Many features of T-cell homeostasis in primates are still unclear, thus limiting our understanding of AIDS pathogenesis, in which T-cell homeostasis is lost. Here, we performed experiments of in vivo CD4+ or CD8 + lymphocyte depletion in 2 non-human primate species, rhesus macaques (RMs) and sooty mangabeys (SMs). Whereas RMs develop AIDS after infection with simian immunodeficiency virus (SIV), SIV-infected SMs are typically AIDS-resistant. We found that, in both species, most CD4+ or CD8+ T cells in blood and lymph nodes were depleted after treatment with their respective antibodies. These CD4+ and CD8 + lymphocyte depletions were followed by a largely lineage-specific CD4+ and CD8+ T-cell proliferation, involving mainly memory T cells, which correlated with interleukin-7 plasma levels. Interestingly, SMs showed a faster repopulation of naive CD4+ T cells than RMs. In addition, in both species CD8+ T-cell repopulation was faster than that of CD4+ T cells, with CD8+ T cells reconstituting a normal pool within 60 days and CD4+ T cells remaining below baseline levels up to day 180 after depletion. While this study revealed subtle differences in CD4+ T-cell repopulation in an AIDS-sensitive versus an AIDS-resistant species, such differences may have particular relevance in the presence of active SIV replication, where CD4 + T-cell destruction is chronic.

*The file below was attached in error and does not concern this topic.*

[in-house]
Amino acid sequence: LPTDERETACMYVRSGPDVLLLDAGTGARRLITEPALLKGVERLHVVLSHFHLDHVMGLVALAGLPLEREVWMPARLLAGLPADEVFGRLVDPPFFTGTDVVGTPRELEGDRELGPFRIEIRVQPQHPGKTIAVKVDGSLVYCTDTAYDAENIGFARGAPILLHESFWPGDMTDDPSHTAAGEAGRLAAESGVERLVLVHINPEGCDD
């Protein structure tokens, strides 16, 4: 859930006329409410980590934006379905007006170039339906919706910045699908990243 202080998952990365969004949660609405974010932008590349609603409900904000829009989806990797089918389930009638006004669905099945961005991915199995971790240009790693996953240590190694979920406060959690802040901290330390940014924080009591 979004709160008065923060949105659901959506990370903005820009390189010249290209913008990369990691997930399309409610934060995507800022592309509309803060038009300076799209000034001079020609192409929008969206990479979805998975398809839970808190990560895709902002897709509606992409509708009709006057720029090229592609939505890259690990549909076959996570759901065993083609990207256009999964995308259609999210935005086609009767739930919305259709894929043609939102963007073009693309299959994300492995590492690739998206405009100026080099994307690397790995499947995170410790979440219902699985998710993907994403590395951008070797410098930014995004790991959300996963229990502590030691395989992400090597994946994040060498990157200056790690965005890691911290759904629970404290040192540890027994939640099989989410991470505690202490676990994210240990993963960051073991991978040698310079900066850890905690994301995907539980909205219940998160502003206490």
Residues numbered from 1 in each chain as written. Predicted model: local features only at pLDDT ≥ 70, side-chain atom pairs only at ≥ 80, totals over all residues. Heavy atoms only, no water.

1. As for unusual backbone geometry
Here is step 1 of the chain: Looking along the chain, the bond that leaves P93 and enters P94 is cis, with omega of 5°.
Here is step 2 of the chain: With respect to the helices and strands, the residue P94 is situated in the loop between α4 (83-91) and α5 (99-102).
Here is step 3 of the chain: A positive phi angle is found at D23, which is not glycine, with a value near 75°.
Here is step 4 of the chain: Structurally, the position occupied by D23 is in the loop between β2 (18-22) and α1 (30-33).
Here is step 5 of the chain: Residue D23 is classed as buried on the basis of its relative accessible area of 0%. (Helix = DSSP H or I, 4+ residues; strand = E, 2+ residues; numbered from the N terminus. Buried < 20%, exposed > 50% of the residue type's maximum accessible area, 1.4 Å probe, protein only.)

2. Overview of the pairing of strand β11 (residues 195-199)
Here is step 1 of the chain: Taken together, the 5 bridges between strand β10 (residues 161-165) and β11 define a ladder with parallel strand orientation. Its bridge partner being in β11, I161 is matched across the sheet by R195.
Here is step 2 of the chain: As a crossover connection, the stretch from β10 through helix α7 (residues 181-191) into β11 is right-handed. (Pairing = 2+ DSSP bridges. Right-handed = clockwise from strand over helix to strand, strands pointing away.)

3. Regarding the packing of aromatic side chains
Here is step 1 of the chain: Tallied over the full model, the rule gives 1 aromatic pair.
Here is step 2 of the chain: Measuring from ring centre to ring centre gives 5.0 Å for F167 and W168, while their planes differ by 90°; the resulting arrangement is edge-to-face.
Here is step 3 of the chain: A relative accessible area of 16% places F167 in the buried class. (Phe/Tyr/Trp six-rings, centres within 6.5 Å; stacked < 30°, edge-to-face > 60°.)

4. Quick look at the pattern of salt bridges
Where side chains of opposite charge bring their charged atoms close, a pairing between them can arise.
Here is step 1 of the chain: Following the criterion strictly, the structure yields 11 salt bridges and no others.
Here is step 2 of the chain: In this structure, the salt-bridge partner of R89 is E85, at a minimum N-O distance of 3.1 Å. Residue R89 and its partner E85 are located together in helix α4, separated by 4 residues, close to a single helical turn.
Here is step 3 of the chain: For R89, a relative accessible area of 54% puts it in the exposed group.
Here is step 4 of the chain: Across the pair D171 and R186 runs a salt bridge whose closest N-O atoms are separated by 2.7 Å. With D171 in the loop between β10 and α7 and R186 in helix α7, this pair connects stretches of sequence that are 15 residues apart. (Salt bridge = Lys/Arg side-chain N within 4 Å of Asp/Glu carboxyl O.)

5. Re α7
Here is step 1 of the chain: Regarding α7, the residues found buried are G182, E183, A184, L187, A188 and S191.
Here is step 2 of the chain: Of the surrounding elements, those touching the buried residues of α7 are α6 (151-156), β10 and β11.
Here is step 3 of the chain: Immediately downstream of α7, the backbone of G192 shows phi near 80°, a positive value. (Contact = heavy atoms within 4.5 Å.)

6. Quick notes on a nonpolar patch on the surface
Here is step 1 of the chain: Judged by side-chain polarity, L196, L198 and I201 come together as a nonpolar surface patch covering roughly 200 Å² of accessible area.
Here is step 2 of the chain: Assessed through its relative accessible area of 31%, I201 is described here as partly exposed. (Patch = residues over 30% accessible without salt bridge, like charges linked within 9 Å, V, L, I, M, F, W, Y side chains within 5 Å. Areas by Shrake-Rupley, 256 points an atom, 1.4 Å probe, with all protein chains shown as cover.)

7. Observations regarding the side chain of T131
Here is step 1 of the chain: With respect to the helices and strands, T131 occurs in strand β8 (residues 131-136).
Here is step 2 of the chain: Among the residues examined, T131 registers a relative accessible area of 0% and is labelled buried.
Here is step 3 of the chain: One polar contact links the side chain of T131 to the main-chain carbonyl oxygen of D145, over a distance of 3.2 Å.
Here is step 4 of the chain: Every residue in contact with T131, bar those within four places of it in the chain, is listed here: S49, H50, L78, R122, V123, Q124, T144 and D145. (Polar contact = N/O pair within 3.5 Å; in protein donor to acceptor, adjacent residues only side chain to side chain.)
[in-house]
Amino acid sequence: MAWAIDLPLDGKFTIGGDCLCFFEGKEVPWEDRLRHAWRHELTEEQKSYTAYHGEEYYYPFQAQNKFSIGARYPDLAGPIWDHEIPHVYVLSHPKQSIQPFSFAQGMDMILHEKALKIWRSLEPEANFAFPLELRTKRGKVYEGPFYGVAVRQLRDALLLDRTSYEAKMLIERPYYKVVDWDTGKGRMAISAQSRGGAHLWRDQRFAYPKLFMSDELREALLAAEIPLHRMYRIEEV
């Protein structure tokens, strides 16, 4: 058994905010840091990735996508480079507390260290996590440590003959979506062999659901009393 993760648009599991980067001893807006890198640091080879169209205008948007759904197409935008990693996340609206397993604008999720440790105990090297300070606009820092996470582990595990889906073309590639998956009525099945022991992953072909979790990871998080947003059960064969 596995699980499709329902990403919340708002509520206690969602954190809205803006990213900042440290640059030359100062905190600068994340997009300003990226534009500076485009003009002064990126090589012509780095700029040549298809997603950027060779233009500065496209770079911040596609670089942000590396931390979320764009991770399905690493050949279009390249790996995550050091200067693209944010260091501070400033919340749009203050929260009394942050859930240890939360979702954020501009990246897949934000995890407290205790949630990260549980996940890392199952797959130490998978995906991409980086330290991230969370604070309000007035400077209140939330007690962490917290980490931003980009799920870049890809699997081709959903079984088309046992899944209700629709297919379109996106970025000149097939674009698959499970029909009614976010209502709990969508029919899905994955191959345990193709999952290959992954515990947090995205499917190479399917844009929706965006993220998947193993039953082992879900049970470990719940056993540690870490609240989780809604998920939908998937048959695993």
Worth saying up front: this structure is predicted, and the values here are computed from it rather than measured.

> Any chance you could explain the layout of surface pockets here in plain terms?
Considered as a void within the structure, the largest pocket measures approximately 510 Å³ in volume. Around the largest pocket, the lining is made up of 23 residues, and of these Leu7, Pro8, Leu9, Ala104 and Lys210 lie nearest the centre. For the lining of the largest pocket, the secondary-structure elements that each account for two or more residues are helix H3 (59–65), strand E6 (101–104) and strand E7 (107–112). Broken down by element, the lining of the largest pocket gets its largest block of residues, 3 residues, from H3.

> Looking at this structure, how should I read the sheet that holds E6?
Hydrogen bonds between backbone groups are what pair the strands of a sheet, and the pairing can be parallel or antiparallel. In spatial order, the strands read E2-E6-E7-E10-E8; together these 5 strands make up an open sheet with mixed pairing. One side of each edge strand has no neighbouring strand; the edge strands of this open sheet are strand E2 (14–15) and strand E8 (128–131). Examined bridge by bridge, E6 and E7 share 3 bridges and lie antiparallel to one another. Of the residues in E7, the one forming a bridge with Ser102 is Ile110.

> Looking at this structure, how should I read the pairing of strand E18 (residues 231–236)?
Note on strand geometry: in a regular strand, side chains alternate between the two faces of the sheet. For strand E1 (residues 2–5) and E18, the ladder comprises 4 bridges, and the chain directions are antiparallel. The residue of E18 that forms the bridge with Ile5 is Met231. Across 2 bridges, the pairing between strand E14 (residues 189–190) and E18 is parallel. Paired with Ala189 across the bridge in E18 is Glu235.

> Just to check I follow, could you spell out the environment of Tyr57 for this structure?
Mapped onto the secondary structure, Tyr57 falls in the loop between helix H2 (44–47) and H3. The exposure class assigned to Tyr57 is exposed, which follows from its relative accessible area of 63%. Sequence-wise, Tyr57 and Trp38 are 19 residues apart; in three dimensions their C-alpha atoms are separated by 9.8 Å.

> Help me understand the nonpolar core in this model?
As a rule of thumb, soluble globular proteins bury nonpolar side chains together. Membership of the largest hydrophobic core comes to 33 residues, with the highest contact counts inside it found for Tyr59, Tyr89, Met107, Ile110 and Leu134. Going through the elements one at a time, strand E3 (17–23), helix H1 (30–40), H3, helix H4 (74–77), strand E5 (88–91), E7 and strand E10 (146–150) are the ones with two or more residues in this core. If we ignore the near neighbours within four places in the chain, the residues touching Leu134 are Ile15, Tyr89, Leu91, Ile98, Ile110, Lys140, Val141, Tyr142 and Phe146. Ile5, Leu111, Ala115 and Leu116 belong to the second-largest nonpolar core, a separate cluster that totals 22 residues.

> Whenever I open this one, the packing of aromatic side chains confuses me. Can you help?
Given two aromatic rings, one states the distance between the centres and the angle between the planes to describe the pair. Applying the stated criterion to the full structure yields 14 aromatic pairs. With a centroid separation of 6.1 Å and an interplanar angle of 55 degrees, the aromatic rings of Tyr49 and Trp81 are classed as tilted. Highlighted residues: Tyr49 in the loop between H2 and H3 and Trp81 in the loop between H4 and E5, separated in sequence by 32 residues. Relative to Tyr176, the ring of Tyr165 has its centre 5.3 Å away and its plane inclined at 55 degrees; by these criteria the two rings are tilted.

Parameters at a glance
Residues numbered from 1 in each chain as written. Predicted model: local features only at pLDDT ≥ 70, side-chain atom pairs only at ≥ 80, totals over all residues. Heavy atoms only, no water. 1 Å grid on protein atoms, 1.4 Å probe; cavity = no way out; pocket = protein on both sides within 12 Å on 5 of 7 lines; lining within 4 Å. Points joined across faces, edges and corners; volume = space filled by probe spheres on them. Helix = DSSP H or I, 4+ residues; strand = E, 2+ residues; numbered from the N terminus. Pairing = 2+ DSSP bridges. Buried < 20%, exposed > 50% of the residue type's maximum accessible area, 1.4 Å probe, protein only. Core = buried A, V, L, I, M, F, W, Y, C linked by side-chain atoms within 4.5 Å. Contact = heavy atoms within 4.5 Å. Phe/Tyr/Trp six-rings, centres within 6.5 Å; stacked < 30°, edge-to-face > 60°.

ASJC Scopus subject areas
- Cell Biology